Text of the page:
Five weeks ago, when the current series launched, we posed the central problem of “Privacy in Cyberspace.” Let us restate the problem: whether "[t]he claim of individuals, groups, or institutions to determine for themselves how, when, and to what extent information about them is communicated to others" should prevail over the interests of technologists, industry, or government to be able, unfettered, to capture, store, and utilize that information. We have not answered the question, but the series has sought to illuminate some of the issues that underlie the problem.
In this module we address the potential of so-called “self-help” mechanisms for addressing privacy concerns in cyberspace. These mechanisms range the technological gamut from cryptography to cookie cutters, and from anonymizers to an industry-proposed consumer “choice” approach called “Platform for Privacy Preferences,” or P3P. The proposals originate from technologists, consumers, or industry, all of who profess an interest in “protecting” users’ privacy in cyberspace.
All the proposals examined in this module share two basic assumptions. First, these interventions presume that present technologies of internet routing and website information capture are sufficiently invasive of users’ privacy to warrant counter-measures. Accordingly, proponents of these technologies advance measures that impede, undermine, block or regulate surveillance by private parties (ISP’s, employers, websites) or government.
Some of these self-help technologies spring from a mindset of self-defense. If websites drop a cookie, then I’ll buy “cookie cruncher” software that eliminates them. If I worry that my employer may install a spyware program that tracks all my mouseclicks, I’ll obtain surveillance software that lets me know if and when that occurs. If I worry that my internet game console is surreptitiously sending information back to the vendor, I’ll install a firewall to prevent it. In addition, since I worry about the government snooping into my email, I’ll use snoop-proof email, or an anonymous re-mailer, or encryption. It is a world of spy-vs.-spy, if you will, where the surveillance technologists compete to defeat the privacy technologists, who in turn find some way around the data collectors. Each is competing to defend informational turf, and to forestall the turf-encroaching technology of the opposition.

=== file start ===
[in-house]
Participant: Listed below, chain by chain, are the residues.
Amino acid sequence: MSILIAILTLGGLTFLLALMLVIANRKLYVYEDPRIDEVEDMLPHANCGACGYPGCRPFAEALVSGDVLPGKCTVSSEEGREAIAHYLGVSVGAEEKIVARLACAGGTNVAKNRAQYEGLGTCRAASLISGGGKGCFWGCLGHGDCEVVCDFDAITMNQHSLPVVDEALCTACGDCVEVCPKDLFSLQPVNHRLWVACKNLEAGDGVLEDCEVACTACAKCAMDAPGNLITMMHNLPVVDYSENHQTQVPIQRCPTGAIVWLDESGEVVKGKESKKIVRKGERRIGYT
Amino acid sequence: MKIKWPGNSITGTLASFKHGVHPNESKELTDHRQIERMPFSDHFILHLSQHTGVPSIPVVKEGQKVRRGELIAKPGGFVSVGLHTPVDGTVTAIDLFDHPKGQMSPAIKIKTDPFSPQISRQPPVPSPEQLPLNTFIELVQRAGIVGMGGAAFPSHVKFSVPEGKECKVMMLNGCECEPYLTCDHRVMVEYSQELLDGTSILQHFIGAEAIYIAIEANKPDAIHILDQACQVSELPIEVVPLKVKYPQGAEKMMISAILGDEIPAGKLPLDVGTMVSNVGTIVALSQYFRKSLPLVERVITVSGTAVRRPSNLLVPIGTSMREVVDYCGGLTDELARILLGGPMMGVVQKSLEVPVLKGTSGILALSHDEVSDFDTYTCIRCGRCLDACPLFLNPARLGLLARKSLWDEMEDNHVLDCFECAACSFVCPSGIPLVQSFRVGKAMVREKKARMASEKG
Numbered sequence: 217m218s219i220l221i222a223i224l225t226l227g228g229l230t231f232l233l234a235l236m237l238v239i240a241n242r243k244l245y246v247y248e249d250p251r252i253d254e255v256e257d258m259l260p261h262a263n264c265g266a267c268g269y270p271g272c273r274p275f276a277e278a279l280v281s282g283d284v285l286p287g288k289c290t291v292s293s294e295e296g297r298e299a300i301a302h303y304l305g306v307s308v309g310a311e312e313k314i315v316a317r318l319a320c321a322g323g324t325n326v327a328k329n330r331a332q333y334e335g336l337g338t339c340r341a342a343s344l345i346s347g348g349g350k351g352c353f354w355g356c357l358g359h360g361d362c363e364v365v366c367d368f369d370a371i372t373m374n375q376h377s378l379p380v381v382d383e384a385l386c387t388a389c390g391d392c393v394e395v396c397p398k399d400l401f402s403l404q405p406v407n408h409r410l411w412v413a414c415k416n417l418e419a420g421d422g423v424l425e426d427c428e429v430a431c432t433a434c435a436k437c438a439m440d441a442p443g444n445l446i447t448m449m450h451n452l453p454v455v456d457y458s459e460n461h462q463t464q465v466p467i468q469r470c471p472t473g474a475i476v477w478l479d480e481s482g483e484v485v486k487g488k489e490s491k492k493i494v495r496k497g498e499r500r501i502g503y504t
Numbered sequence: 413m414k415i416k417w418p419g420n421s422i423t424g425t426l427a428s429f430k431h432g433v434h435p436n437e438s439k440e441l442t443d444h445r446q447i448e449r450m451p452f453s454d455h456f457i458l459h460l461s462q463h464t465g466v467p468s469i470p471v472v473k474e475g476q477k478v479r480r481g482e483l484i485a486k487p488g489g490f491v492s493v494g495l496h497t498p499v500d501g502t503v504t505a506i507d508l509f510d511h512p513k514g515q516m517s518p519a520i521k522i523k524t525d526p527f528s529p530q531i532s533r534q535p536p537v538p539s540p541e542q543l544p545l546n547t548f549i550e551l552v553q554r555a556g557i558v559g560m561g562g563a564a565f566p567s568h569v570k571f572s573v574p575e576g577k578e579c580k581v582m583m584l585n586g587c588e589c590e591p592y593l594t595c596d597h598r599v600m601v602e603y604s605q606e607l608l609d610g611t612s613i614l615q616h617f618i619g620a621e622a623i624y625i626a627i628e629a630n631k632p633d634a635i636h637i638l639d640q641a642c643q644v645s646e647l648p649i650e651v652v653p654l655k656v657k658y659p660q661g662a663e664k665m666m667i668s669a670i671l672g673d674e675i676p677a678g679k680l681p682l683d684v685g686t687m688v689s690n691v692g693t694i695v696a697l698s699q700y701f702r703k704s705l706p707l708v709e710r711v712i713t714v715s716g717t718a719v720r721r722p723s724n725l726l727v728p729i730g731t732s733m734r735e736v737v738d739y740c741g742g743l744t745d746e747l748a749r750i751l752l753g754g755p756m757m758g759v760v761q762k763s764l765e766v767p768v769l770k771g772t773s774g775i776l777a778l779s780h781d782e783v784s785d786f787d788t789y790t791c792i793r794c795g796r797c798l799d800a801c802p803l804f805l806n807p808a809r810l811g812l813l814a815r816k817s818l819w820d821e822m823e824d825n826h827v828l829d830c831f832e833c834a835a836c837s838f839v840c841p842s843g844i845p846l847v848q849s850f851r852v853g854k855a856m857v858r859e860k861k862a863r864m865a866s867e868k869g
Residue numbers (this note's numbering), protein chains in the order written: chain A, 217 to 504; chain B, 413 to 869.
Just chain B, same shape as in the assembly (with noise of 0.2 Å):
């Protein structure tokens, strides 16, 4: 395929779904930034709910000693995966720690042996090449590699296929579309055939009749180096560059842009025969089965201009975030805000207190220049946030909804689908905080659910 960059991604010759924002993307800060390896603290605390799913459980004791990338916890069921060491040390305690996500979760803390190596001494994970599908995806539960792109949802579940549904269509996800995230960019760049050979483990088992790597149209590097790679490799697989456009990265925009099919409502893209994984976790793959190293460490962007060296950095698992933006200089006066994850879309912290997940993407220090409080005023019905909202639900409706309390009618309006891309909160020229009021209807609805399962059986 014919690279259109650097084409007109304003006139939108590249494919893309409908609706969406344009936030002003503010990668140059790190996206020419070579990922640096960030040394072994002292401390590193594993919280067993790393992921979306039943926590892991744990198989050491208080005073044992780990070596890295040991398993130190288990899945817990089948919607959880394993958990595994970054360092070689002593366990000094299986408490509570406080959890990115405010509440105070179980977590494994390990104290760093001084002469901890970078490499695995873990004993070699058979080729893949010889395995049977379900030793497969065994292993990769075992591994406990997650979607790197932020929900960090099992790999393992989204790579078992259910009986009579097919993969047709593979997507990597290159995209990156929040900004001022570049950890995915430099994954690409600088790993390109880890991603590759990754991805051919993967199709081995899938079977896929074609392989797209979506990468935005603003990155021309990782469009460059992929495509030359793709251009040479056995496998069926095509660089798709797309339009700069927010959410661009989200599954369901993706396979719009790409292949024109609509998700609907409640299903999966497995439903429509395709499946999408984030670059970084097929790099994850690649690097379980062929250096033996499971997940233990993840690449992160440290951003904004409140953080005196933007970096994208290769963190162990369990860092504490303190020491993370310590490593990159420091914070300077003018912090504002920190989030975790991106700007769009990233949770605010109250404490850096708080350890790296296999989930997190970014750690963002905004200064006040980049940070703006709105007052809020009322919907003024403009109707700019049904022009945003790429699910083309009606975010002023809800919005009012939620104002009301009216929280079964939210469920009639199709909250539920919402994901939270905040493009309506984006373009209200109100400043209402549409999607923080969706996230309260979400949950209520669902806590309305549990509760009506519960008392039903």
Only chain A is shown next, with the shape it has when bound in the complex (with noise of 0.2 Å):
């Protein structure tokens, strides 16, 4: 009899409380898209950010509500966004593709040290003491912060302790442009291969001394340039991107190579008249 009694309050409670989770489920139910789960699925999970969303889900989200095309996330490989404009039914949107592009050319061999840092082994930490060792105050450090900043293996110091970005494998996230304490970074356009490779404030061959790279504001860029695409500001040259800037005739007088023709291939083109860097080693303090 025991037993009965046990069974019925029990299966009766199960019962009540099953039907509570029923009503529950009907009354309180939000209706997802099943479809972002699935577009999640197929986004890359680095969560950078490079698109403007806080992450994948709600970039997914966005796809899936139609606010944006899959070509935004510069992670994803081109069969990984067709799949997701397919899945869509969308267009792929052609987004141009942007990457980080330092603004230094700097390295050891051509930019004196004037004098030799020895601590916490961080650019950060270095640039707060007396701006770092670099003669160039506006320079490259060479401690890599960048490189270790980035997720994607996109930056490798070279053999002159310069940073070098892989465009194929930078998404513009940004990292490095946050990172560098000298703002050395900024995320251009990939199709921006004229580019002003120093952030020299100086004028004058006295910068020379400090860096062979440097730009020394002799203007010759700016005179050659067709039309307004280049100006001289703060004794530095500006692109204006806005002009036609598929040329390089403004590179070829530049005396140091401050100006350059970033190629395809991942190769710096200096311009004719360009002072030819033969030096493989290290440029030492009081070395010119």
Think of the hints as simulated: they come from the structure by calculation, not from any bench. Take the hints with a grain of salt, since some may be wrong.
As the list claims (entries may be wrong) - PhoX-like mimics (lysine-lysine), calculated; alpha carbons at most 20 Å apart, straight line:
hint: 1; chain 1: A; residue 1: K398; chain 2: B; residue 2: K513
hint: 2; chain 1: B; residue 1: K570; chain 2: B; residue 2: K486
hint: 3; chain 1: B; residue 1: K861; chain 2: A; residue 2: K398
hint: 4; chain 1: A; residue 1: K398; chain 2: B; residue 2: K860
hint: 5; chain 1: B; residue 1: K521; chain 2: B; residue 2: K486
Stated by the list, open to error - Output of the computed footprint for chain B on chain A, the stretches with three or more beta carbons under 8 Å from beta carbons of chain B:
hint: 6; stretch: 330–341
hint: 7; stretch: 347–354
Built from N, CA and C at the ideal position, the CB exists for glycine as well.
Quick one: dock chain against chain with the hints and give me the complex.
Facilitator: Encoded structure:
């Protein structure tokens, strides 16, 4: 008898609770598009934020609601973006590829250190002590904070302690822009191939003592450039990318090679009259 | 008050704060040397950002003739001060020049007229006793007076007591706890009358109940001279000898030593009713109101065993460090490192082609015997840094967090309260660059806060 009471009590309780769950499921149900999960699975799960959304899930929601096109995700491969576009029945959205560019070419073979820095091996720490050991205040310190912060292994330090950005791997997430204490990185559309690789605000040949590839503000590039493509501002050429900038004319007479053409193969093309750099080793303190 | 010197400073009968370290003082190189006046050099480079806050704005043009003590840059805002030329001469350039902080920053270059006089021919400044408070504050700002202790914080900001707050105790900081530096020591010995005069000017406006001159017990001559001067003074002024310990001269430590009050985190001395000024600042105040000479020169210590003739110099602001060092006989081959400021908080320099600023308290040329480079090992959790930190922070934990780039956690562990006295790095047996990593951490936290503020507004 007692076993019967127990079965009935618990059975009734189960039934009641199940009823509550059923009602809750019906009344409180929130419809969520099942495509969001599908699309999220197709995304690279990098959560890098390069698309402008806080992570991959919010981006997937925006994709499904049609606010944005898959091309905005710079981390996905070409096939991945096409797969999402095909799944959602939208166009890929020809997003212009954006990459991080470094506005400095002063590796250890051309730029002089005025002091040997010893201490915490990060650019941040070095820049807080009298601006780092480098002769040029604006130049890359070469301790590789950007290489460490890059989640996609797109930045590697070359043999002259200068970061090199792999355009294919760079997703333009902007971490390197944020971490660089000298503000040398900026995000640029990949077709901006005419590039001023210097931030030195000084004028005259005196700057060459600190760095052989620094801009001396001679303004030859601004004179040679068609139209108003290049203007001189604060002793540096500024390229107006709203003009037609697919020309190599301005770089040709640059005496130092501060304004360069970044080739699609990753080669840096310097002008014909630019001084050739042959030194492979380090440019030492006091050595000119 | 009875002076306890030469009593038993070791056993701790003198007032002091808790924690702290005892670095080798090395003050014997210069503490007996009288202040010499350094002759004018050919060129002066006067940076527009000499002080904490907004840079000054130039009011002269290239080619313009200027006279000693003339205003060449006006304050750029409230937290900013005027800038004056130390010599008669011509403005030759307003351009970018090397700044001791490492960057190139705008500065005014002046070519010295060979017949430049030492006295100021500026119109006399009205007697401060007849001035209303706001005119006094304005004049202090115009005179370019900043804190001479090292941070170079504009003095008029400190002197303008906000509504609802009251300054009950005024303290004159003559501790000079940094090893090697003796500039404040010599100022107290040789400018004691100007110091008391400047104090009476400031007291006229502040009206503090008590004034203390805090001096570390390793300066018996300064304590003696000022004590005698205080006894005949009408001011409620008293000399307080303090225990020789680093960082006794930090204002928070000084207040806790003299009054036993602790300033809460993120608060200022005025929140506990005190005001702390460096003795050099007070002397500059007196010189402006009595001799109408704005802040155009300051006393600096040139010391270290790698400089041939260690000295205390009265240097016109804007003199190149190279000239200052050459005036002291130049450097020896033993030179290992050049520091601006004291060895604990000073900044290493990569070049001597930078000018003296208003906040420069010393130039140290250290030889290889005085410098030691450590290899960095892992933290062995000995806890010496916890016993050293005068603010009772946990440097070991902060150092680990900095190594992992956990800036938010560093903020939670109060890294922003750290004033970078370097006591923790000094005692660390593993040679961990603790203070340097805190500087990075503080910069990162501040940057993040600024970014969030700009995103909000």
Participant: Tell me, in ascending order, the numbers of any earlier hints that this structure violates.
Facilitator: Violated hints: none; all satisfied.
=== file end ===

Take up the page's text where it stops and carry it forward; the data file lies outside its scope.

Other technologies (such as P3P, a developing industry standard), arise from a different source. Proponents of self-regulation by the industry argue that there exists some “middle ground” between total control of information by a user, and abdication by the cyberuser of any control over information routinely conveyed by surfing behavior. Industry representatives, who believe that for net commerce to thrive, industry as a whole must “compromise” with consumer groups in restricting the type of private information that is collected, and the use to which it is put, require some self-restrictions. Such industry groups as TRUSTe and the Network Advertising Initiative (NAI) have formulated “principles” (not rules of law) that are designed to restrict certain types of behavior by their members, and thereby reassure consumers that many members of industry have no desire to ride roughshod over their legitimate privacy concerns.
Yet, even these industry groups acknowledge that some members of the online business world don’t operate within the suggested principles. Moreover, consumer groups complain that in many cases even those businesses that are members of industry consortiums find that sanctions are more bark than bite. Review the industry standards and consider for yourself whether they adequately respect webusers’ privacy.